Recently launched by the self-styled "sporting outfitters of intellectual distinction" aka Philosophy Football, comes their Adorno football t- shirt. Here was a philosopher who knew all about the necessity to endure defeat in order to truly enjoy the moment of victory.
Philosophy Football have five of the t-shirts to be won in the December competition and one lucky winner will also receive a set of Verso titles by iconic names from, and inspired by, the Frankfurt School.
Q.2 In what text was the term "culture industry" first coined?
A: The Dialectic of Enlightenment.
The winners will be the first three people to answer both questions correctly. Those in North America, email firstname.lastname@example.org. For the rest of the world, including the UK, email email@example.com. Please put ADORNO COMPETITION in the subject line or your entry may not be counted. The winners will be announced on Tuesday 11th September.
Please do not post the answers in the Comments or Facebook, Twitter or anywhere else—entries accepted by email only. Any comments posting the answers will be deleted.
In a recent contribution to the Notre Dame Philosophical Review, Martin Jay reflected on Towards a New Manifesto, the lengthy exchange between Theodor Adorno and Max Horkheimer, which Verso published last fall. The dialogue, which went on for several days in the mid 1950s and was initially transcribed by Adorno's wife Gretel, today stands as a fascinating document that touches on a wide range of issues central to Adorno and Horkheimer and to the broader trajectory of critical theory. As Jay notes in his review, the publication of this exchange offers rare insight into the thought processes of these two leading members of the Frankfurt School, veering from the highly abstract to the urgently concrete, and registering the live intellectual development of some of the ideas whose later evolution ended up being so decisive for the course of critical social, political and philosophical thought in the second half of the 20th century.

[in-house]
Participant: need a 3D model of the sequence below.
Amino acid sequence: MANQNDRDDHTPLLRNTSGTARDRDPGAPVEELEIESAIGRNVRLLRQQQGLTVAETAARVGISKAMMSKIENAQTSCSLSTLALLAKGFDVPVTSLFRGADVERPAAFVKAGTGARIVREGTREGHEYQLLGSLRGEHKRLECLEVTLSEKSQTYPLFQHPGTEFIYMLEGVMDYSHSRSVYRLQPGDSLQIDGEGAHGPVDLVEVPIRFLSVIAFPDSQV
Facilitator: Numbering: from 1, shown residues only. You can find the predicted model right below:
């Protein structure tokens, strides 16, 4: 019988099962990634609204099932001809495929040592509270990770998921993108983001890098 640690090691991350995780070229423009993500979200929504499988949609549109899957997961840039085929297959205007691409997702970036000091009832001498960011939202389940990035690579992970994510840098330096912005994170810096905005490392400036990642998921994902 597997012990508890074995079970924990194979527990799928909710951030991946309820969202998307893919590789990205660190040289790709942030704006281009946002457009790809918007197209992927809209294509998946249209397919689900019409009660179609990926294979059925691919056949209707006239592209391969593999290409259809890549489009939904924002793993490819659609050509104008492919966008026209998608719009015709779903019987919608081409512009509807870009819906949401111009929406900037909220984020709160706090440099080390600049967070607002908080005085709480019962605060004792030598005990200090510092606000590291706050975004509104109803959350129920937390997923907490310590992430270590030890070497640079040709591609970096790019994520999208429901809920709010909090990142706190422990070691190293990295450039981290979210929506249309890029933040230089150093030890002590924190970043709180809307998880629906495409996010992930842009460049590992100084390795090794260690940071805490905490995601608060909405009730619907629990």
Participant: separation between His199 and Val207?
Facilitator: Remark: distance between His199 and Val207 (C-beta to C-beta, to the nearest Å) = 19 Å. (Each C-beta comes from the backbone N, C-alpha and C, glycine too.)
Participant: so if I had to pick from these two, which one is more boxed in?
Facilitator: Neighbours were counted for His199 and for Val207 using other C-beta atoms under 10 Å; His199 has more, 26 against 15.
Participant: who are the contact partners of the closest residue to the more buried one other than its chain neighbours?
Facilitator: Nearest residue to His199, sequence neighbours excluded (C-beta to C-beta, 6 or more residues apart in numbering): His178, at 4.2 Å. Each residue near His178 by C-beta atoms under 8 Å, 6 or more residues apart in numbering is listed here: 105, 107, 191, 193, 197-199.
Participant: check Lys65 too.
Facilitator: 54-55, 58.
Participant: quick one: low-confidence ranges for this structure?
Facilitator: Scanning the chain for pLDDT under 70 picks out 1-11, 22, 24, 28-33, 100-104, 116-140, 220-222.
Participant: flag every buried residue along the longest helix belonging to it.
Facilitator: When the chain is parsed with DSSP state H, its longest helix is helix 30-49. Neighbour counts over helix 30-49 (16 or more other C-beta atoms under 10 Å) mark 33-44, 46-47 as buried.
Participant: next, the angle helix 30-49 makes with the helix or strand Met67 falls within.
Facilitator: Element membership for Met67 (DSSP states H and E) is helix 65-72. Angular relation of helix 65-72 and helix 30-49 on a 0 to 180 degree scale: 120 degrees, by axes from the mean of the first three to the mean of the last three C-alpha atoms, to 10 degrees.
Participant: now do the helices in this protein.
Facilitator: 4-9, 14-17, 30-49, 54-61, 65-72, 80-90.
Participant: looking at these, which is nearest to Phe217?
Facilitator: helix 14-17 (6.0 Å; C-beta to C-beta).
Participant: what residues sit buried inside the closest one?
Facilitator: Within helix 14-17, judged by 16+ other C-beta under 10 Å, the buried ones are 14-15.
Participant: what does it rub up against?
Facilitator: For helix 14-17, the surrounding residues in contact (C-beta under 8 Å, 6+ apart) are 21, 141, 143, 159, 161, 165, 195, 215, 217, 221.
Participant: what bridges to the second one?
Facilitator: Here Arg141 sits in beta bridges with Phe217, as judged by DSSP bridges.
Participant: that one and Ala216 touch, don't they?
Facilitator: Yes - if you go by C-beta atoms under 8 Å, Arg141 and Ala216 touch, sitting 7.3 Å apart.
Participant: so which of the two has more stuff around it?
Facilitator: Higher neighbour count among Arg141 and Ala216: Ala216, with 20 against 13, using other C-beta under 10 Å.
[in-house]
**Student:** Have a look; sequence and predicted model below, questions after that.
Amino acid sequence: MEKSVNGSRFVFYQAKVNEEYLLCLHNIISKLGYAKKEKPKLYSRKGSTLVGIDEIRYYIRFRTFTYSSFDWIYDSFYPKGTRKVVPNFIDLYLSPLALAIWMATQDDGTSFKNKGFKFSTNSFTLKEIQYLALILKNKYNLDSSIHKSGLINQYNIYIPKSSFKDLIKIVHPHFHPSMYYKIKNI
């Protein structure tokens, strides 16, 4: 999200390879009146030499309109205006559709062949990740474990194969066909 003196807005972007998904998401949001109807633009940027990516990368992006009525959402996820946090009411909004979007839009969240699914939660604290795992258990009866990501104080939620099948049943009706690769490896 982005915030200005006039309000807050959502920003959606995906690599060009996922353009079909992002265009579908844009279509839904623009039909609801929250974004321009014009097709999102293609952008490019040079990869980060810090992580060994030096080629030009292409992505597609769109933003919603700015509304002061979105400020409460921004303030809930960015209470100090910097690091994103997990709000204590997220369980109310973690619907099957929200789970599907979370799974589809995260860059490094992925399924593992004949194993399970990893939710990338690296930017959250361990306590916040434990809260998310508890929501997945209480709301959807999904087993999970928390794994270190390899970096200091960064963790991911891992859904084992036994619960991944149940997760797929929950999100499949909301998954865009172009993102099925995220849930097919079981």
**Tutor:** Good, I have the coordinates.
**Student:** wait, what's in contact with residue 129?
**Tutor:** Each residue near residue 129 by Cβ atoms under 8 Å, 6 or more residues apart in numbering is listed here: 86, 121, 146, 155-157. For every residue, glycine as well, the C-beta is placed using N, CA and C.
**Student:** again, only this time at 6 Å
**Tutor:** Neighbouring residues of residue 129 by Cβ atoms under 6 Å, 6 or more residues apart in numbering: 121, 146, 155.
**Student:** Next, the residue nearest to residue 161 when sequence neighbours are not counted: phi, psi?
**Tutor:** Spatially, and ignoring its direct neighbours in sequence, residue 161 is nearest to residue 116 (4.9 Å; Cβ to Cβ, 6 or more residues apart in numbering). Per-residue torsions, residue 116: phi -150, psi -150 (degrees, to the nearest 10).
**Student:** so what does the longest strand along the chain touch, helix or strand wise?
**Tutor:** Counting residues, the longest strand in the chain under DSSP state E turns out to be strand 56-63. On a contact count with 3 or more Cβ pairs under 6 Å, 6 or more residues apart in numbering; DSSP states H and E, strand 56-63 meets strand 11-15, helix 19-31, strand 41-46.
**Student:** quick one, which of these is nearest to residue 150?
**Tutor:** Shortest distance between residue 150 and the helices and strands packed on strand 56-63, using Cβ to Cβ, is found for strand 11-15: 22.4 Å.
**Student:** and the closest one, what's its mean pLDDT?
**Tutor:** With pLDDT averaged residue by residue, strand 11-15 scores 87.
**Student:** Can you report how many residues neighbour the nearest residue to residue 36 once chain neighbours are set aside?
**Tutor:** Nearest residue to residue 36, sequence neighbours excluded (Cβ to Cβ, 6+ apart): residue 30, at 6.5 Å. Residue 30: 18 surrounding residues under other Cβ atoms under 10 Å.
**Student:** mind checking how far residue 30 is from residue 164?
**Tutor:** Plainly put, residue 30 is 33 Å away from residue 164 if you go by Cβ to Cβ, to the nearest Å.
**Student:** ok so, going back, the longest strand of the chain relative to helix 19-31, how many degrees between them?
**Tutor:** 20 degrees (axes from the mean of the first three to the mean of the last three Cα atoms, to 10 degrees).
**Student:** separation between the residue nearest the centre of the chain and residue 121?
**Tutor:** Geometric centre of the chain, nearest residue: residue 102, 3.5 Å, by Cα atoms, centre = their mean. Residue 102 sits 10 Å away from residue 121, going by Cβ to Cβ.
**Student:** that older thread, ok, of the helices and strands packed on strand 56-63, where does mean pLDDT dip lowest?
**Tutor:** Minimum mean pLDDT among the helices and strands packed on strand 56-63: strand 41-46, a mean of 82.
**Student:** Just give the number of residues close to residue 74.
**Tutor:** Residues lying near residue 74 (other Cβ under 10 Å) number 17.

Towards a New Manifesto. A philosophical jam session between the two Frankfurt School legends Theodor Adorno and Max Horkheimer, the book is a record of their free-flowing exchange of ideas in the spring of 1956, recorded with a view to the production of a contemporary version of The Communist Manifesto.
In the book, Adorno notes that "we live in the society we criticize." Furthermore, in the twenty-first century, we also tweet in the society we criticize.
Thus to launch the book, we are pleased to announce a brand-new twitter competition challenging you to tweet a #manifesto for a communism for the twenty-first century.
The five most creative participants will win a set of books:
No external links are allowed: you must be able to sum up your digital call for revolution in no more than 140 characters.
The competition closes on Friday 4 November at 3pm GMT; tweets after this time will not be considered.
The competition is open to #manifestos from all over the world.
Please do not respond via Facebook or email, and include the hashtag #manifesto. Tweeting @VersoBooks would also be helpful!
We are looking forward to reading your #manifestos—bearing in mind that, to paraphrase Adorno, a twitter account is of more use to thought than a battalion of assistants.